Consider the same analogy with software: With two pieces of CSPS software you can't “sand” them to make them integrate better. Any integration has to be done with the provided APIs that you have (if any). With FOSS software, you could change the source code of the two pieces and get them to integrate better. You can formulate a better integration than if the software was “closed.” This is the core of the argument around ROI: the ability to change the software to meet your business needs.
CSPS advocates will argue that the companies that produce the software can integrate it for you. I find it hard to believe that large software companies will allow the types of integration that will be mentioned in the following ROI examples.
St. Petersburg, Russia
A turbine test bed is where mechanical engineers send steam turbines to be tested for efficiency. The resulting data is then given back to the mechanical engineers to re-design the turbine to make it more efficient.
I have been told that there are five of these turbine test beds in the world, and four of them use proprietary software developed for them. If the mechanical engineers need a change to the software, it may take months for the turbine test bed owners to negotiate the prices for the change, the change to be made, tested, and delivered by the maker of the proprietary software.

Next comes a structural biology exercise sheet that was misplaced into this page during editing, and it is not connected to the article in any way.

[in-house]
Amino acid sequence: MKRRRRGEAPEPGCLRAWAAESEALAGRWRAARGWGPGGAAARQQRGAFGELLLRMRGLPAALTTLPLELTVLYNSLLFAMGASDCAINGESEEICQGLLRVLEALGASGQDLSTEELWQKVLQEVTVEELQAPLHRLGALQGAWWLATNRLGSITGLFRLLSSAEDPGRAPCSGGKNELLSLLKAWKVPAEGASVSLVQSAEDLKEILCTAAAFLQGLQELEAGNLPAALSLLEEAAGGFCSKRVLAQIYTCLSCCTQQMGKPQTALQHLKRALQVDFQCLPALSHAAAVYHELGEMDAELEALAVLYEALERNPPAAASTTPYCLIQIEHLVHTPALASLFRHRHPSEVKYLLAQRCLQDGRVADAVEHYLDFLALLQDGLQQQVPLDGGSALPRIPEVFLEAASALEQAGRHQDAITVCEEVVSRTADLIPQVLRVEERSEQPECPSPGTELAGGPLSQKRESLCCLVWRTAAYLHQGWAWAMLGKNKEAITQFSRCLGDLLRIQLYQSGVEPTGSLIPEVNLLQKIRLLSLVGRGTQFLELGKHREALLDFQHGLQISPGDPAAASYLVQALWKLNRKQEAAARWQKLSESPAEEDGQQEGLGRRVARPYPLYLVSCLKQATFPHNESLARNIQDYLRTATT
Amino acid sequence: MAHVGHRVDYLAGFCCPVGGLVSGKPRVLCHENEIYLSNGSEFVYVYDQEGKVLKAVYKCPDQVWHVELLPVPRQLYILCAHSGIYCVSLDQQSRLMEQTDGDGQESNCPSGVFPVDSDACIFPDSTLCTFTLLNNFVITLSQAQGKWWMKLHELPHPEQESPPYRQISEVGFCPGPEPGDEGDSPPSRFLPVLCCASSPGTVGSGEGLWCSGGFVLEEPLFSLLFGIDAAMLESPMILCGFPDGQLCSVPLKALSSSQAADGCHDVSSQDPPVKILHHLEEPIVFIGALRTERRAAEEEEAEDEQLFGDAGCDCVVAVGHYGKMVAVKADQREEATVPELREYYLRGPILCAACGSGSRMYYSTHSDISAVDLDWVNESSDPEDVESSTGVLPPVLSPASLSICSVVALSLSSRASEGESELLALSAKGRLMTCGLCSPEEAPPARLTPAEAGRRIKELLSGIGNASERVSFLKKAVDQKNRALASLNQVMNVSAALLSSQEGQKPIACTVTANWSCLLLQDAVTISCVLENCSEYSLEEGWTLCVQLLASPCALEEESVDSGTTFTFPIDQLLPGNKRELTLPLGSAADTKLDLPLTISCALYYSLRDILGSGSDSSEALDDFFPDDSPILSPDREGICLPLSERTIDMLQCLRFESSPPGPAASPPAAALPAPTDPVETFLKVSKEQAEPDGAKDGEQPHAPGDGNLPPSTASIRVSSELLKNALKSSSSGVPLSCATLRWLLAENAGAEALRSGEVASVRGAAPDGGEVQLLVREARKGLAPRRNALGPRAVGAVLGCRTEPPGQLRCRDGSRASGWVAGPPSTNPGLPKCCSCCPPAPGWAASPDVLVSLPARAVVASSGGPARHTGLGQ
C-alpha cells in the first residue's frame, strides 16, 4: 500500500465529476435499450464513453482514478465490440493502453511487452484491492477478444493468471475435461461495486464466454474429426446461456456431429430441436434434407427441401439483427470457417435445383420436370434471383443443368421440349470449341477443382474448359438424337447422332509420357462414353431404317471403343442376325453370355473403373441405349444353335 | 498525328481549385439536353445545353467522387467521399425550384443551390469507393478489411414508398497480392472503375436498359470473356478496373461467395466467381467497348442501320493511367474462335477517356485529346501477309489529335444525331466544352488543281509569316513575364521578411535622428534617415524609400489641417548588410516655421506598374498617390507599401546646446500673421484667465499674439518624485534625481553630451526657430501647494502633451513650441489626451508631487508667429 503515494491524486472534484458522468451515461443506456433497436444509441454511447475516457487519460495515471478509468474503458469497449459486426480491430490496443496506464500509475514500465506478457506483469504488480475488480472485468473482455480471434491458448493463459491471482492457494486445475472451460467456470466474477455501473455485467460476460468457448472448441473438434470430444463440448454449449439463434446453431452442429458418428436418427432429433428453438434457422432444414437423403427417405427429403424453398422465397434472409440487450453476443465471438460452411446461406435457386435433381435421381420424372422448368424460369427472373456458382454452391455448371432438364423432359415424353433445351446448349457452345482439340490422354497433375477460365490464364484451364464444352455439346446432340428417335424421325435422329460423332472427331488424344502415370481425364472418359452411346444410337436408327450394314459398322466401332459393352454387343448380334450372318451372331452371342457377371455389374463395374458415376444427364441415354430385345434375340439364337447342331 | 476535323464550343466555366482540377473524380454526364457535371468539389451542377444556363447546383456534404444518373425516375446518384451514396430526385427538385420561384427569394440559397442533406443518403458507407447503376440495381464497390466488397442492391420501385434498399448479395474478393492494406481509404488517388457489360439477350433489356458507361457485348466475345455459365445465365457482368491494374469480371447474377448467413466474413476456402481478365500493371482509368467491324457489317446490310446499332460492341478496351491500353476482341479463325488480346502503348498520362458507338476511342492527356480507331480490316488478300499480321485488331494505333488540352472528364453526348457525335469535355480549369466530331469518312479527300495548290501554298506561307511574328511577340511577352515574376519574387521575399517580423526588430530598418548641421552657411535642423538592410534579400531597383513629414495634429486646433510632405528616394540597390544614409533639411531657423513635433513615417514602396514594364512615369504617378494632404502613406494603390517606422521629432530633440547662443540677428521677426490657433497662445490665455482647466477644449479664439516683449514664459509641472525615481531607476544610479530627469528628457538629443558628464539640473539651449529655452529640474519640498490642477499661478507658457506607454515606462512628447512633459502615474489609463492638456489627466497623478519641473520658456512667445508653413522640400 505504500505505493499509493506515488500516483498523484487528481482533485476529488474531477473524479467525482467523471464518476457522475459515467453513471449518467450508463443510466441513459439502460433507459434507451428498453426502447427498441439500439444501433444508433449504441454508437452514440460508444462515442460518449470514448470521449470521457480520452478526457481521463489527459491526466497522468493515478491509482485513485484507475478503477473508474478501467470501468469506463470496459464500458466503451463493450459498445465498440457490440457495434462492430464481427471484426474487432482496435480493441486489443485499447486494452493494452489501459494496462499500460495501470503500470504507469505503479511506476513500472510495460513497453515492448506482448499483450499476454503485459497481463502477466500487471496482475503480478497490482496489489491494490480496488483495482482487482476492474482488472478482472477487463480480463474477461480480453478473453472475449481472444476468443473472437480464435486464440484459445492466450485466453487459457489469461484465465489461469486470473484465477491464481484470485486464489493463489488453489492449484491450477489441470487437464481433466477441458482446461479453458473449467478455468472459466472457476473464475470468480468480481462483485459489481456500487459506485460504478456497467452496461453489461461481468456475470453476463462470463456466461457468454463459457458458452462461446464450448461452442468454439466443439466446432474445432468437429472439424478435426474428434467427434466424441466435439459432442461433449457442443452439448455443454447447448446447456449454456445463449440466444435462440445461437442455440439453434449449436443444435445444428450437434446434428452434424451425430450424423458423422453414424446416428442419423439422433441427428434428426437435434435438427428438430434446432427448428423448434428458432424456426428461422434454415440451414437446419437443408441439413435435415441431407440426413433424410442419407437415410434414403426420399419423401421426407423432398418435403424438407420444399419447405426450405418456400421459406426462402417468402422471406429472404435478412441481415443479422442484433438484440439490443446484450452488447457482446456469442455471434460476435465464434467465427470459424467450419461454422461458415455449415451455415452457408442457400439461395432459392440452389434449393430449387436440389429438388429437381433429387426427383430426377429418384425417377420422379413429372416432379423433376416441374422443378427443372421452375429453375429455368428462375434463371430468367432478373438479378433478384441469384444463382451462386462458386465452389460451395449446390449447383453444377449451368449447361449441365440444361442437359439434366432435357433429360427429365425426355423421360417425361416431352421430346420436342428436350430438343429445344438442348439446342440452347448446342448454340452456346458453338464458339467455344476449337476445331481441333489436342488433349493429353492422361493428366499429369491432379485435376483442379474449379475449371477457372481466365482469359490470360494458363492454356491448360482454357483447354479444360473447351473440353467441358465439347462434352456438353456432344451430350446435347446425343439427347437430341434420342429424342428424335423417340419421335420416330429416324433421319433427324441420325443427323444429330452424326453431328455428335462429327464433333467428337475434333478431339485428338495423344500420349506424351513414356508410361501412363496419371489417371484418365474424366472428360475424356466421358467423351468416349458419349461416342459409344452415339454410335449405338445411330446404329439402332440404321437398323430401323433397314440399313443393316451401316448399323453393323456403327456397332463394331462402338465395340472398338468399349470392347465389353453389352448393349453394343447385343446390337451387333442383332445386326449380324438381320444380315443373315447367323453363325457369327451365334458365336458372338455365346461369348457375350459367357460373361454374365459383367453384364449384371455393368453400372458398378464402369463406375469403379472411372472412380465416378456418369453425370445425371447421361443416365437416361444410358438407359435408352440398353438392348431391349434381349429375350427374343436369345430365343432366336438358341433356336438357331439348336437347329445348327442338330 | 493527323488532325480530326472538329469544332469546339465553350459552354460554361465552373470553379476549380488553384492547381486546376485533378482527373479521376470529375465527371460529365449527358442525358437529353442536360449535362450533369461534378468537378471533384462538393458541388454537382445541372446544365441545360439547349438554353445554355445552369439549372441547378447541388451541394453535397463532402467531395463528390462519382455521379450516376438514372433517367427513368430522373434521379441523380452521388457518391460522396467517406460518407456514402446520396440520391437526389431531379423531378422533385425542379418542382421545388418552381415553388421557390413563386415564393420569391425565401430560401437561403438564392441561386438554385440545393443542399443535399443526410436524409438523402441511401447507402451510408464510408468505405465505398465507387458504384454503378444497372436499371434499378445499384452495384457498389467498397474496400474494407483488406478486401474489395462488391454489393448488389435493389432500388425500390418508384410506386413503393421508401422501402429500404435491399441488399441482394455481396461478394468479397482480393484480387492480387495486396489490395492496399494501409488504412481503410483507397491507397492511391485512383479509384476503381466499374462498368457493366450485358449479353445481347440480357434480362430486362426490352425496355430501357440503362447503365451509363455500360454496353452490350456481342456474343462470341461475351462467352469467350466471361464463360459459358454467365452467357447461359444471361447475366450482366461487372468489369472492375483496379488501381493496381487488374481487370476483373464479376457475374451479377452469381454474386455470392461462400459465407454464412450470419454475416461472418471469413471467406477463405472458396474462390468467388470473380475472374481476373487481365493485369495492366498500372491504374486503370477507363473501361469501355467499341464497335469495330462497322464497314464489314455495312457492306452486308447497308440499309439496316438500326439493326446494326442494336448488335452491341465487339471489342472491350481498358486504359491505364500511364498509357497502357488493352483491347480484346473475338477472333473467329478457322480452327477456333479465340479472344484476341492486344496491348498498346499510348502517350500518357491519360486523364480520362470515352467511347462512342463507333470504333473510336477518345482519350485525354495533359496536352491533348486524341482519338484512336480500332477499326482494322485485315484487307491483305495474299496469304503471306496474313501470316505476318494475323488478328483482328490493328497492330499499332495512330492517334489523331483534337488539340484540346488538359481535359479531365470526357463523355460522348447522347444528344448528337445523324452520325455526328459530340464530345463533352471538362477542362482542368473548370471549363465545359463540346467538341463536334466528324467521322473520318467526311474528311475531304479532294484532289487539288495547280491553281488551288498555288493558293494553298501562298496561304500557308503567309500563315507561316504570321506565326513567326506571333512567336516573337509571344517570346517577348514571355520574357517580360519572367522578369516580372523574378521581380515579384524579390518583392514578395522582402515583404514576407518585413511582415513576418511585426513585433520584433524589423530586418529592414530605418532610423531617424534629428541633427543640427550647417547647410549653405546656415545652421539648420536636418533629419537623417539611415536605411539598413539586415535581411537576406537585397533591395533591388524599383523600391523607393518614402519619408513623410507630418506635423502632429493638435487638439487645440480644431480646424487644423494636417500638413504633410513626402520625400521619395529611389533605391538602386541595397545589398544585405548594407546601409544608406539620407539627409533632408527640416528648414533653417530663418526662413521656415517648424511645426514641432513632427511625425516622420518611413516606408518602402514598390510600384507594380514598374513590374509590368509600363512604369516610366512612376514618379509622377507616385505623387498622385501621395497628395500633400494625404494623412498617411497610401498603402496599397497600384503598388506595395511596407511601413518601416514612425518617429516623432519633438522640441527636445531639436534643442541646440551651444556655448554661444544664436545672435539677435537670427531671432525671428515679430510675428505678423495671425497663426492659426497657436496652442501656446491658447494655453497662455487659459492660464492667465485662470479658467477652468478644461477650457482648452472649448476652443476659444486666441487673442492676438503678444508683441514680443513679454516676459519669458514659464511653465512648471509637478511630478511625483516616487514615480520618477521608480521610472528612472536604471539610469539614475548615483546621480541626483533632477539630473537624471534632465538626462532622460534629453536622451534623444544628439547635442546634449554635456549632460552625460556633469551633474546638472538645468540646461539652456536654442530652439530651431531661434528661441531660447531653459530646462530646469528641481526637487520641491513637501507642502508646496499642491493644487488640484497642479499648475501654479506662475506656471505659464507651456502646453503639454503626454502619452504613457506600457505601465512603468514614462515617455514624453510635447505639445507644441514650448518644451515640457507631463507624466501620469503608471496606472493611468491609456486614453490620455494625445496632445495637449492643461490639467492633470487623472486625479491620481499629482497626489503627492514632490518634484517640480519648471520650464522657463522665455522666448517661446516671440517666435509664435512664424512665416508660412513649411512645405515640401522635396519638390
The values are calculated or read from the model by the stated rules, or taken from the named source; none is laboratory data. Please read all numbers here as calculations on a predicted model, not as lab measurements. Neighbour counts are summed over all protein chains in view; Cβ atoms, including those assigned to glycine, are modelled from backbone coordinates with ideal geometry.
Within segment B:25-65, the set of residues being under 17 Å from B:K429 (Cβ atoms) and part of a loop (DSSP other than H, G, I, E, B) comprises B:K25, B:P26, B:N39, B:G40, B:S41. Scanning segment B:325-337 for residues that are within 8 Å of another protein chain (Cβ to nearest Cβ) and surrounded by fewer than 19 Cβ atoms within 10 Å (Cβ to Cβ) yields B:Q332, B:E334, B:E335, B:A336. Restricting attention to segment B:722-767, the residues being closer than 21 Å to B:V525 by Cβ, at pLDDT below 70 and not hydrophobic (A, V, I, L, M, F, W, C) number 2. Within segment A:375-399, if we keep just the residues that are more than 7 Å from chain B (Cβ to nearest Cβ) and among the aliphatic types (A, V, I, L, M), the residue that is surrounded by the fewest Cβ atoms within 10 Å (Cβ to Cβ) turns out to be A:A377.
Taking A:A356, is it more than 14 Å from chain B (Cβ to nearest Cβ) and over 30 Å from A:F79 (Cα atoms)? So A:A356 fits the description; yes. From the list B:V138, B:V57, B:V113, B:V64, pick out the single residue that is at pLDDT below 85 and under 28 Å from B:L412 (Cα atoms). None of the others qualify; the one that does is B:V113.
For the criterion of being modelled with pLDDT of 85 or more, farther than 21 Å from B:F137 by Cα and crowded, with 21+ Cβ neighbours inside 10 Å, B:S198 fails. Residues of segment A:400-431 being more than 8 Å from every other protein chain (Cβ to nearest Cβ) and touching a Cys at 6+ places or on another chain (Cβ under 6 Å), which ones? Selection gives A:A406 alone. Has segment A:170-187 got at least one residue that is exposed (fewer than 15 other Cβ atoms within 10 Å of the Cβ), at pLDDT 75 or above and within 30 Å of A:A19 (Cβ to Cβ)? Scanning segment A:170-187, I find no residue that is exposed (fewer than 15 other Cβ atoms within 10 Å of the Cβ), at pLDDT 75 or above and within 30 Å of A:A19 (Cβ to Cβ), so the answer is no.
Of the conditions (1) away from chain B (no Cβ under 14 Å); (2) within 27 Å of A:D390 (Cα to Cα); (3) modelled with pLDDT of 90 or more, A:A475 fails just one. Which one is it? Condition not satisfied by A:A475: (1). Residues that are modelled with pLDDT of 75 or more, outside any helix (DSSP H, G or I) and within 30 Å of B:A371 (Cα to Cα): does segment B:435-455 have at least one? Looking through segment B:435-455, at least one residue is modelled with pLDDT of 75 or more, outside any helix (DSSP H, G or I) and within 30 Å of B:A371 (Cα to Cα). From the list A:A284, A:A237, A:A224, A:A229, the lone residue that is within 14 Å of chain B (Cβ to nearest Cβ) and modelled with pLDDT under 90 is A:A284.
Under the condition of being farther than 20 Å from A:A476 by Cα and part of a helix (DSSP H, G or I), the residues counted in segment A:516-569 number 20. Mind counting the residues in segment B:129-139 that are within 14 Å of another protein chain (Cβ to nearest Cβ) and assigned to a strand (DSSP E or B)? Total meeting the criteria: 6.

The fifth turbine test bed (in St. Petersburg, Russia) uses FOSS software, generated from software such as Tcl/Tk, GNUplot, MySQL, Linux, Apache and other FOSS software. The mechanical engineers can go over the Internet to see the results of the tests. If they need some small change to the turbine test bed software, the owner of the test bed can usually make that change overnight.
So which set of mechanical engineering customers gets the better service? The ones that use CSPS or FOSS? And which turbine test bed do you think gets the most business? The ones where a simple change takes months, or the one that can make the change overnight?
The Brazilian Lottery used to be run by CSPS. The maintenance costs on the CSPS were fairly high, but that was not the main problem, as the lottery generates lots of money each month.